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Welcome to part 2 of my trip report, featuring FOUR more Minnesota State Parks! In 2014, my buddy April and I started hiking the Minnesota State Parks Hiking Club trails. Even though we live in different states now, we still manage to pull off one or two camping trips a year. Read her trip report from our Moose Lake State Park Snowshoe hike and more about last year’s adventure to Ledges State Park in Iowa, where the racoons run the joint.

Three more things:
1. The colors are poppin, and so are the rifles. Friendly reminder to wear your bright colors during small game hunting season. Here’s a list of hunting dates from the MN DNR, a video of why I’m more intentional about this now, and how my Superior Hiking Trail thru hike went out with a bang (8:10).

2. My custom designed Kula Cloth that was given away at our Art Hike at Theodore Wirth Park just became available for a limited time purchase on the Kula website. Its selling quick, I hope you can snag one!

3. I started an art account where you can see more of my art on and off the trail. Check out @wandering.pine.art and give it a follow for more art, process videos and some exciting upcoming plans!

Ok. On with the show!

Happy Campers

This post picks back up on day 3 of our stay in the camper. It’s been great to have a cozy spot to use as a home base and a person could get used to putting their feet up on the bed while dinner is cooking on the stove. My family has one more trip planned before the snow flies, and it’s been a great way to extend the camping season and enjoy time together.

Know Before You Go

Upper Sioux and Big Stone Visitor centers were closed and had reduced hours when we visited.  Many parks have reduced staffing during the pandemic, so check before you go if you want to get a patch or want to access the visitor center.   The campgrounds have campground hosts that will sell firewood and signs are posted regarding burning restrictions and other information about the park.

At the time of our visit, Upper Sioux agency State park also had a significant road closure and 16 mile construction detour. So plan ahead.

This region is also known for tall grass and ticks – so stay on the trail, learn about tick prevention and check yourself after your hike.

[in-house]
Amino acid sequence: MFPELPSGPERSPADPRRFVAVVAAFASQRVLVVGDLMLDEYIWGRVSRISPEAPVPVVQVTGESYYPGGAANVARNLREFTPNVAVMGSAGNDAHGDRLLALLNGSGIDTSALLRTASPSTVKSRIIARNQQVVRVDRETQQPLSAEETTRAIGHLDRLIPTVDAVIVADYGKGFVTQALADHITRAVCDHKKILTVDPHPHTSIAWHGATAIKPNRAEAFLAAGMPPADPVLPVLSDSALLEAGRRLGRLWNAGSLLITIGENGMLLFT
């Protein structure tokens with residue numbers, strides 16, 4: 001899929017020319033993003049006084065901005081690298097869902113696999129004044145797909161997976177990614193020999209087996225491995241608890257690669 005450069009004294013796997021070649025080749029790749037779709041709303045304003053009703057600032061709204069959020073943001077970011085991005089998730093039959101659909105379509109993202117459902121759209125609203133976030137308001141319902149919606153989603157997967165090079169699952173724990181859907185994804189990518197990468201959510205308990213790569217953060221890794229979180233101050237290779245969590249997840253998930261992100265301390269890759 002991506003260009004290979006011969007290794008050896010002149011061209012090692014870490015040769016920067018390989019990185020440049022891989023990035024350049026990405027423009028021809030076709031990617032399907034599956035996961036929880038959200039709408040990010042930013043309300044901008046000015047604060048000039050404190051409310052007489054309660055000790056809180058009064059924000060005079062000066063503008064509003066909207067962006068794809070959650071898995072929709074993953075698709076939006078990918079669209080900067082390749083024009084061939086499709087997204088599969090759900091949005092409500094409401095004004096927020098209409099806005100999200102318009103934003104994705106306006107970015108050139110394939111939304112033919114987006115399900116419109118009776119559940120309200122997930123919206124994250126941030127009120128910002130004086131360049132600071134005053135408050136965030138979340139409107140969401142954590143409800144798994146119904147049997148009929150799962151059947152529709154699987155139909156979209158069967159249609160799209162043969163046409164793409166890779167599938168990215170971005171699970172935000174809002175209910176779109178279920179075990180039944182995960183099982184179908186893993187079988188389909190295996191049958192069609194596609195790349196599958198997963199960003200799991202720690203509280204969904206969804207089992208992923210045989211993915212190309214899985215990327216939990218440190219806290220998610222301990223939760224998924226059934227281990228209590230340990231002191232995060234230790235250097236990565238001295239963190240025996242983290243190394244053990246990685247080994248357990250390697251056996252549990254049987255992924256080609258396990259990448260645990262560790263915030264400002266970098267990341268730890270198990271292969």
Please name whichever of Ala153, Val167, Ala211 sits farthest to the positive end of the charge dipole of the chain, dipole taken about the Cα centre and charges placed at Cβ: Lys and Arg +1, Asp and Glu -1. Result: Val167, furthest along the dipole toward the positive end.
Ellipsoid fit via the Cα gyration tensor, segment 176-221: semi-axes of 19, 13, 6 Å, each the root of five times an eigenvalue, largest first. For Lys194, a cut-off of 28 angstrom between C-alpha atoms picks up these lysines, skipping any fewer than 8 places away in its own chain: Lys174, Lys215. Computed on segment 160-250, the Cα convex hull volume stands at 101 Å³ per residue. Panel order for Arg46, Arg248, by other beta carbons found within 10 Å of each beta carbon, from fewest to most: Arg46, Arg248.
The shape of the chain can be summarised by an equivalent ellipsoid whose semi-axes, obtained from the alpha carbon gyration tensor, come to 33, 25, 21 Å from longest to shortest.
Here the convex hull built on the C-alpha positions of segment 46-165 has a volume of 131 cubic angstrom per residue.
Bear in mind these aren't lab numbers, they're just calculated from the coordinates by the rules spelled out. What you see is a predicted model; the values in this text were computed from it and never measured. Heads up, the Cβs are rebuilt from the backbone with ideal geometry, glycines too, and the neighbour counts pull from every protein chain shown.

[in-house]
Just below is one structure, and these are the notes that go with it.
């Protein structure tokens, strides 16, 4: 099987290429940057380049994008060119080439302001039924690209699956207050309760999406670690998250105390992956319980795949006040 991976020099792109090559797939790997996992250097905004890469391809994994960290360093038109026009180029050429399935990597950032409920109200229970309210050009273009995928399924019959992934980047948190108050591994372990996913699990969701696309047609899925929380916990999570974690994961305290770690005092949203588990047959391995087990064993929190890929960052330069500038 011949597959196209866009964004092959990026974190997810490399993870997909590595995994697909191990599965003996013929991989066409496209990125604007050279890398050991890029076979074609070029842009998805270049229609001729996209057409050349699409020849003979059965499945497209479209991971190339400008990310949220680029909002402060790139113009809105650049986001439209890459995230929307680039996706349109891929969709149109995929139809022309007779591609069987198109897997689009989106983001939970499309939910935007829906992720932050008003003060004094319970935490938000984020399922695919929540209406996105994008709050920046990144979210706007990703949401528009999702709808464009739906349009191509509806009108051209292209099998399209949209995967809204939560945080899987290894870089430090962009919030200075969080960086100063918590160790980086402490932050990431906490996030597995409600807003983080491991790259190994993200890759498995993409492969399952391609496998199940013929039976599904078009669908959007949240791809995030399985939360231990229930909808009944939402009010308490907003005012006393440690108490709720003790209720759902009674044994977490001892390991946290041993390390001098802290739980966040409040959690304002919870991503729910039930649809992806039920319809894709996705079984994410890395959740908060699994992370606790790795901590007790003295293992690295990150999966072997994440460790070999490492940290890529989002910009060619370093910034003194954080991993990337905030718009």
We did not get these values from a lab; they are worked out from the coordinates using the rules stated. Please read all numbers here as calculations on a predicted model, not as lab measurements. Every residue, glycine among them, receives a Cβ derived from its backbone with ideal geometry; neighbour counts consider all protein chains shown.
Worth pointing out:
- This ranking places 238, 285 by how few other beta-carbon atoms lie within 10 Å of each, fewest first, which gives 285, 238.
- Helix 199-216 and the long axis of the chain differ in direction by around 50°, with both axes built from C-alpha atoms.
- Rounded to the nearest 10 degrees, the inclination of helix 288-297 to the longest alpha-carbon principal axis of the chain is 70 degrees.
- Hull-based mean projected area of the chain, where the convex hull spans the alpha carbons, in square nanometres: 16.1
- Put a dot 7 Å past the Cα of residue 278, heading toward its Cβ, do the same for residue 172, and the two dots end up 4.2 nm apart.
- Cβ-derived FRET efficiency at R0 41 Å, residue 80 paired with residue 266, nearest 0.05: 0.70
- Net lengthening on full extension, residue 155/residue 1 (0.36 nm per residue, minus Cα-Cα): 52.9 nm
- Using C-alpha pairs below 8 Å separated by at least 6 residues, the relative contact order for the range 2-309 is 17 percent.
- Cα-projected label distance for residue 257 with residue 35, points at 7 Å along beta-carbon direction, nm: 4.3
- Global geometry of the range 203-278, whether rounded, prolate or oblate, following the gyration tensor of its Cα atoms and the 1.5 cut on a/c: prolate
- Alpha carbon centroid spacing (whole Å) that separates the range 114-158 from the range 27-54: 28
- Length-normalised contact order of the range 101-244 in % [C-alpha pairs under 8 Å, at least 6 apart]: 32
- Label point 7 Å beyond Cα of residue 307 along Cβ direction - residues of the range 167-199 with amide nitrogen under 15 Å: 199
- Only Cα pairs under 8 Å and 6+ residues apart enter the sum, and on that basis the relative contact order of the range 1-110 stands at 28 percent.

Upper Sioux Agency State Park

TRIP DETAILS

LENGTH 4.3 mile hiking club trail
DIFFICULTY easy, flat, with one hill overlooking the prairie
DATE VISITED September 25, 2021
MAIN FEATURES  Upper Sioux Agency is a State Park in Southern Minnesota, located on the ancestral lands of the Dakota Oyate people. The original inhabitants called this land Pejuhutazi Kapi-the place where they dig for yellow medicine. In addition to hiking, the park offers a variety of camping options including: tent, electric, boat-in, backpacking, Tipi and equestrian sites.

The park was established in 1963 as a way to preserve the historic agency site. This region bears the history of the Treaty of Traverse Des Sioux and US Dakota war, resulting in the forced removal, assimilation and genocide of the Dakota people, something that I continue to acknowledge and educate myself on as I recreate in these spaces. Learn more here.

The Upper Sioux, or Yellow Medicine Agency, was built by the U.S. government after the Treaty of 1851, establishing a new Dakota reservation along the Minnesota River. It was an early site in the U.S.-Dakota War of 1862. It still remains a center for Dakota culture and heritage.

After centuries of sustaining a seasonal nomadic lifestyle, many in the Upper Sioux community turned to farming in order to adapt to reservation life.

But following the war of 1862, the Dakota were exiled from Minnesota, fracturing their extended family.

https://www.usdakotawar.org/upper-sioux-agency-stories-and-reflections

Learn more about the Upper Sioux Agency Community here.

April and I entered the hiking club trail from the Yellow Medicine campground, leading us up the terrace trail to an overlook of the prairie and Minnesota River. As with any exposed hike on the prairie, I would recommend avoiding mid day during the warm months, or making sure that you have sun protection and adequate water – read more about our hot prairie hikes at Blue Mound, Minneopa and Flandrau State Parks.